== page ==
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Title: Quasispecies dynamics and treatment outcome during early hepatitis C infection in a cohort of HIV-infected men
Author: Abdelrahman, Tamer
ISNI:       0000 0004 5917 0442
Awarding Body: University of Glasgow
Current Institution: University of Glasgow
Date of Award: 2015
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Hepatitis C virus (HCV) is emerging as one of the leading causes of morbidity and mortality in individuals infected with HIV and has overtaken AIDS-defining illnesses as a cause of death in HIV patient populations who have access to highly active antiretroviral therapy. For many years, the clonal analysis was the reference method for investigating viral diversity. In this thesis, a next generation sequencing (NGS) approach was developed using 454 pyrosequencing and Illumina-based technology. A sequencing pipeline was developed using two different NGS approaches, nested PCR, and metagenomics. The pipeline was used to study the viral populations in the sera of HCV-infected patients from a unique cohort of 160 HIV-positive patients with early HCV infection. These pipelines resulted in an improved understanding of HCV quasispecies dynamics, especially regarding studying response to treatment. Low viral diversity at baseline correlated with sustained virological response (SVR) while high viral diversity at baseline was associated with treatment failure. The emergence of new viral strains following treatment failure was most commonly associated with emerging dominance of pre-existing minority variants rather than re-infection. In the new era of direct-acting antivirals, next generation sequencing technologies are the most promising tool for identifying minority variants present in the HCV quasispecies populations at baseline. In this cohort, several mutations conferring resistance were detected in genotype 1a treatment-naïve patients. Further research into the impact of baseline HCV variants on SVR rates should be carried out in this population. A clearer understanding of the properties of viral quasispecies would enable clinicians to make improved treatment choices for their patients.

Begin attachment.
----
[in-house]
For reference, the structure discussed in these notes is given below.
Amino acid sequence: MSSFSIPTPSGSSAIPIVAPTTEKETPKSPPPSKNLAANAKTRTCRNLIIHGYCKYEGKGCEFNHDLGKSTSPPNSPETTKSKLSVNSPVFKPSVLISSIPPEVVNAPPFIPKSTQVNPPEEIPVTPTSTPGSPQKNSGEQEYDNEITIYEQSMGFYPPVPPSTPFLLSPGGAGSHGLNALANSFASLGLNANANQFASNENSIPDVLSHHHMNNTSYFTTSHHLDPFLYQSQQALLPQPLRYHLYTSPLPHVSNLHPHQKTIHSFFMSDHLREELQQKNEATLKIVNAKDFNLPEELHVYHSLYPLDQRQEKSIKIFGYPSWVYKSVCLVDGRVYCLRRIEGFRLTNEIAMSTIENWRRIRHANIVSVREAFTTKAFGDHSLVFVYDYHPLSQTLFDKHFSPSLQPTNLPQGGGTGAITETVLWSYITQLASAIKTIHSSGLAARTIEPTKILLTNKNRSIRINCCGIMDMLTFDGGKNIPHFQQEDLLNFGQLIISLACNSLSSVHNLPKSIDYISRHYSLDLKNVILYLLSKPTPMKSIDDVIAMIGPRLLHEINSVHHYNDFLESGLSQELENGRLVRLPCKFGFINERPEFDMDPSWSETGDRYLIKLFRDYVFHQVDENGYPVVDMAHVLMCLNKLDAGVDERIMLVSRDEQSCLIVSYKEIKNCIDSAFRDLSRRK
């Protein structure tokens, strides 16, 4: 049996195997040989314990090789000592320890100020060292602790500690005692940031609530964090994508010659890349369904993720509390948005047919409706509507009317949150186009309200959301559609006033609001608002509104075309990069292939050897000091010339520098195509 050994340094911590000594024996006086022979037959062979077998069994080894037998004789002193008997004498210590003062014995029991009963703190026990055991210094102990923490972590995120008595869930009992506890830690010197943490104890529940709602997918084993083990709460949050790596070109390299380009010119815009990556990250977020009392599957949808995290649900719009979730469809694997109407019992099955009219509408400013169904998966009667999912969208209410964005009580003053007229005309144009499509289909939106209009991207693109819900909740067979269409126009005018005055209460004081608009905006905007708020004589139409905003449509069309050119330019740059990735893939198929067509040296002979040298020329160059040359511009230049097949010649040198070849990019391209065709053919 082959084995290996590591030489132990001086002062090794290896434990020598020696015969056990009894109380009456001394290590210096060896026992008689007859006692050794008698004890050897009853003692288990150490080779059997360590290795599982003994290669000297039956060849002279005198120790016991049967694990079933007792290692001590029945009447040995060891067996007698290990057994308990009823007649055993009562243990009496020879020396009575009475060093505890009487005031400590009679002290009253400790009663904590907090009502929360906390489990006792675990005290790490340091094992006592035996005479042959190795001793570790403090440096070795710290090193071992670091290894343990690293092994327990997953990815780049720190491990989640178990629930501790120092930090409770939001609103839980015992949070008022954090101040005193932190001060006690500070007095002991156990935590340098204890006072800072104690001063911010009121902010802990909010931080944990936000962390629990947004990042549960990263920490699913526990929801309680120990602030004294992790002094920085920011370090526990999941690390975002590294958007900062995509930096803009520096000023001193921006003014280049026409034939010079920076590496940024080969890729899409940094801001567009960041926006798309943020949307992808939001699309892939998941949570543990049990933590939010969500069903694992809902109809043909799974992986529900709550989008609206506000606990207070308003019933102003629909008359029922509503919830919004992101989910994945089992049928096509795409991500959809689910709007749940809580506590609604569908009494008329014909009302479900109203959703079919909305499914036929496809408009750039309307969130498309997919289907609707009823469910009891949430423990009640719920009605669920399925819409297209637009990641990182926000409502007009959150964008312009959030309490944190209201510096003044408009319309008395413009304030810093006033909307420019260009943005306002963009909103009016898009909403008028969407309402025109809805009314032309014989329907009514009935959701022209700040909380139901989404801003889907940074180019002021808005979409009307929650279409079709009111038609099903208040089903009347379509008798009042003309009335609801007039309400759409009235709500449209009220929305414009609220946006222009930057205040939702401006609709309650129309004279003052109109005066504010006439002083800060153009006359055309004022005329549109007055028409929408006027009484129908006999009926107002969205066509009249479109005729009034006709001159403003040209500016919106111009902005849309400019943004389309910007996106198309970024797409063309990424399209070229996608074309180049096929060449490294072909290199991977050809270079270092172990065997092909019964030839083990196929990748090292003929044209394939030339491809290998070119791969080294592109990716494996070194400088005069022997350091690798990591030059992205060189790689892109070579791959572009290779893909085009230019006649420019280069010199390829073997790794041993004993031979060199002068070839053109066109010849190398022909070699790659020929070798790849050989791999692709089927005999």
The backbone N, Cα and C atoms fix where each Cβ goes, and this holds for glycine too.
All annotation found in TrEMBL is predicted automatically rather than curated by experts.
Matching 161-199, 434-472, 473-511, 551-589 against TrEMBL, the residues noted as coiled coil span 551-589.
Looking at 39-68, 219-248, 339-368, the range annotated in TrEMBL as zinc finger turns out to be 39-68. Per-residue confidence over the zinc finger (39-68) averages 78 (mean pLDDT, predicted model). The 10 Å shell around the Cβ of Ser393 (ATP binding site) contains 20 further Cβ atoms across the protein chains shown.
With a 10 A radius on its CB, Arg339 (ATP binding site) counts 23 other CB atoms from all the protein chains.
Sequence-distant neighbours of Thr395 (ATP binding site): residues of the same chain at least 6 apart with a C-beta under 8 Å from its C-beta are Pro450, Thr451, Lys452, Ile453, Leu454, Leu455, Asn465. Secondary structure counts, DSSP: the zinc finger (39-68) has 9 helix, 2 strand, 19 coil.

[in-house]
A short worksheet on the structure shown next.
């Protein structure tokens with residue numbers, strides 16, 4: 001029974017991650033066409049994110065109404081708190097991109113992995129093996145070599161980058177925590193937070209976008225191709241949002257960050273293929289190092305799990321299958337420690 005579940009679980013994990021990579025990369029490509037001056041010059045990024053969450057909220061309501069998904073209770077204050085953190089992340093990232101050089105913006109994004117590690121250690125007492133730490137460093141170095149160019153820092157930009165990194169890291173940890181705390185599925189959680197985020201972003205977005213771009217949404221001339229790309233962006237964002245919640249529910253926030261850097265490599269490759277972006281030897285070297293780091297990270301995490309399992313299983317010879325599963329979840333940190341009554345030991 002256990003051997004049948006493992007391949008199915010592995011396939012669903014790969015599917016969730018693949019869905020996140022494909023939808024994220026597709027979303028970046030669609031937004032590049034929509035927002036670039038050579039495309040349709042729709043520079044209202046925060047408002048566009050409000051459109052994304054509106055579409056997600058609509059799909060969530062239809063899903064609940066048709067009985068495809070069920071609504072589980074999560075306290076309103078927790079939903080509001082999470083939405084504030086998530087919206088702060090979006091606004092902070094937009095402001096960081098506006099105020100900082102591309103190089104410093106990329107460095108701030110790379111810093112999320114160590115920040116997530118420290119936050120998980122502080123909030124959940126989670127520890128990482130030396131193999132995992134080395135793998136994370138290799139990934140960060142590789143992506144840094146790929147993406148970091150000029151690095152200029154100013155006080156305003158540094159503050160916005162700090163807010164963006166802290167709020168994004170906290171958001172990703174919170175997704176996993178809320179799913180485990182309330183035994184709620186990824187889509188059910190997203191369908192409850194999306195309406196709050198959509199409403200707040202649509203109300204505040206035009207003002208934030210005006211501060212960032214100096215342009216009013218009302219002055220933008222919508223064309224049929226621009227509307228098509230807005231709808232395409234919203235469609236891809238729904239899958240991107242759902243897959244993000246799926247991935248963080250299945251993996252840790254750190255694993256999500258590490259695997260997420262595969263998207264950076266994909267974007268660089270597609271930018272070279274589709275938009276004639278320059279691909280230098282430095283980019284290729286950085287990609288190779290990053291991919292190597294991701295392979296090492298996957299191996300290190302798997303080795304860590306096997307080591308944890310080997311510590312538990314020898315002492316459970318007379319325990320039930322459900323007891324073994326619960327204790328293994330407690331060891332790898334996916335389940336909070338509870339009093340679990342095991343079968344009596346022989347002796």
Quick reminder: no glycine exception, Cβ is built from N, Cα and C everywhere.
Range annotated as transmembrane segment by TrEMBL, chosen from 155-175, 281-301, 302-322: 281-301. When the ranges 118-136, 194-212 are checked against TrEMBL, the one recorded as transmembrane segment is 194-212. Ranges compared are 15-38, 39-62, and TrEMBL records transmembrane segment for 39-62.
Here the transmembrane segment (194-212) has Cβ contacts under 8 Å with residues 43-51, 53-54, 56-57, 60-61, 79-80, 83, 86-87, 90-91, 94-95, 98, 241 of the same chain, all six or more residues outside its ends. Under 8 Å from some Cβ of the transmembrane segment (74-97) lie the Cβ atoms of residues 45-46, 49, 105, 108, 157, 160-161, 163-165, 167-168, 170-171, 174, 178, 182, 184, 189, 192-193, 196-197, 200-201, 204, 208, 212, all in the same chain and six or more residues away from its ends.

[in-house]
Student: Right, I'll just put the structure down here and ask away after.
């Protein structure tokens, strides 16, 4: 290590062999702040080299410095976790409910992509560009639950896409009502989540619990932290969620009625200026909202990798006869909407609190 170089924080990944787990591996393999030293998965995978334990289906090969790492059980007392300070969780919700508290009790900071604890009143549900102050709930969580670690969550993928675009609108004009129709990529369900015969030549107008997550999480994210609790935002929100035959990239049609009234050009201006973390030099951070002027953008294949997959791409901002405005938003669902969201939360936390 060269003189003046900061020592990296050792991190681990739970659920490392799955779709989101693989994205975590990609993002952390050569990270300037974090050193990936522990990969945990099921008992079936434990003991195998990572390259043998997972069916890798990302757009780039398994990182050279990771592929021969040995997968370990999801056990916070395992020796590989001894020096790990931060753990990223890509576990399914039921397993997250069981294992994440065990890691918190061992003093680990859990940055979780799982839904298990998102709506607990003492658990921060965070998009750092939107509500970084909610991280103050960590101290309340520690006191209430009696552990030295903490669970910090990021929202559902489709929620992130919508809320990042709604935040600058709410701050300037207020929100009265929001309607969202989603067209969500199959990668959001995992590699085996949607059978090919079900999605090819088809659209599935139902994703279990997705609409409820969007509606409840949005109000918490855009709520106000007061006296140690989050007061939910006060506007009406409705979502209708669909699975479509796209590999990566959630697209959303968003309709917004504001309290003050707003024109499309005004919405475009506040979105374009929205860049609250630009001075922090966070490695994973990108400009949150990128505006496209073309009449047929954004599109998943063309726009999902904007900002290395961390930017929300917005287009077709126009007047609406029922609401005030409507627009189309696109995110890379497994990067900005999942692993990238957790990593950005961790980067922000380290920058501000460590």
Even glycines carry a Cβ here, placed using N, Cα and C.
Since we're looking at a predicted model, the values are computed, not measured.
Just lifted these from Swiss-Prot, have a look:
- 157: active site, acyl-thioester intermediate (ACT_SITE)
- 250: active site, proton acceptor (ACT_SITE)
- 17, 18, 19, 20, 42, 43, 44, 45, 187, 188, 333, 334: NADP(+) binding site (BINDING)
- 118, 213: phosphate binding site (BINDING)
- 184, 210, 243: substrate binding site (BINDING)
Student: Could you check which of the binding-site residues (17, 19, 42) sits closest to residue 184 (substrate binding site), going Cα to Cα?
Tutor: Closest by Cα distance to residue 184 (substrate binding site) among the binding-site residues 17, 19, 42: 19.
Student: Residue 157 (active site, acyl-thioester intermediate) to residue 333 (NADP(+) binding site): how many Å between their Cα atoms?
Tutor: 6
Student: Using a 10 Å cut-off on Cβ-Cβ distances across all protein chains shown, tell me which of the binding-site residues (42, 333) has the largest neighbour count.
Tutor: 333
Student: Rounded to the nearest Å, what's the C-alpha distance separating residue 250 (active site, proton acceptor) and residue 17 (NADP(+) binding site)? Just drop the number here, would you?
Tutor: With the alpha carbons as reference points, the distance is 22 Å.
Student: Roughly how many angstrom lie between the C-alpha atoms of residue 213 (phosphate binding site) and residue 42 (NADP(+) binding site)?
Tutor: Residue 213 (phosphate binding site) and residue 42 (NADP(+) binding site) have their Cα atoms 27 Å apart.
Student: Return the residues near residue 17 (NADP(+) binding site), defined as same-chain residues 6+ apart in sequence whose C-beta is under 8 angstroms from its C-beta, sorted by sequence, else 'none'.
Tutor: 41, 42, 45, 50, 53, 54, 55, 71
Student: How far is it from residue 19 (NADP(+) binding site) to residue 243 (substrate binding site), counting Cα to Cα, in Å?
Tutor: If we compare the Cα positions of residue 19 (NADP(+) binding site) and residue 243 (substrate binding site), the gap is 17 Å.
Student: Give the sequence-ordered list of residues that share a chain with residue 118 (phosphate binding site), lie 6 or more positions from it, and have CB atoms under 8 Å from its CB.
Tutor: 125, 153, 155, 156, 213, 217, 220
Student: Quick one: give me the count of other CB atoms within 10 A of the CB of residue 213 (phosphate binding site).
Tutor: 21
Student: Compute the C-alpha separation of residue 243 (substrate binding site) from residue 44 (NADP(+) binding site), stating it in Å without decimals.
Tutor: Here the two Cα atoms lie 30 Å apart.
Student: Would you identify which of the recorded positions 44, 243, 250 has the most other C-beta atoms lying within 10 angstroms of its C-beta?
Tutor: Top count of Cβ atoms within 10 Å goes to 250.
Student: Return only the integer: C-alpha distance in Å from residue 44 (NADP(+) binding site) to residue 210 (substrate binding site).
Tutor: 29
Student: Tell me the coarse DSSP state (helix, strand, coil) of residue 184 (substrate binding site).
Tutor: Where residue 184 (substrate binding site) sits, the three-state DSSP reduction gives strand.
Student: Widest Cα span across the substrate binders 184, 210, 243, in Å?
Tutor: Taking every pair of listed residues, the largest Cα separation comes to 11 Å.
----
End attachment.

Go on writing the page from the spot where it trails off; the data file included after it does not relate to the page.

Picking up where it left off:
Supervisor: Not available Sponsor: Not available
Qualification Name: Thesis (Ph.D.) Qualification Level: Doctoral
EThOS ID:  DOI: Not available
Keywords: QR355 Virology ; R Medicine (General)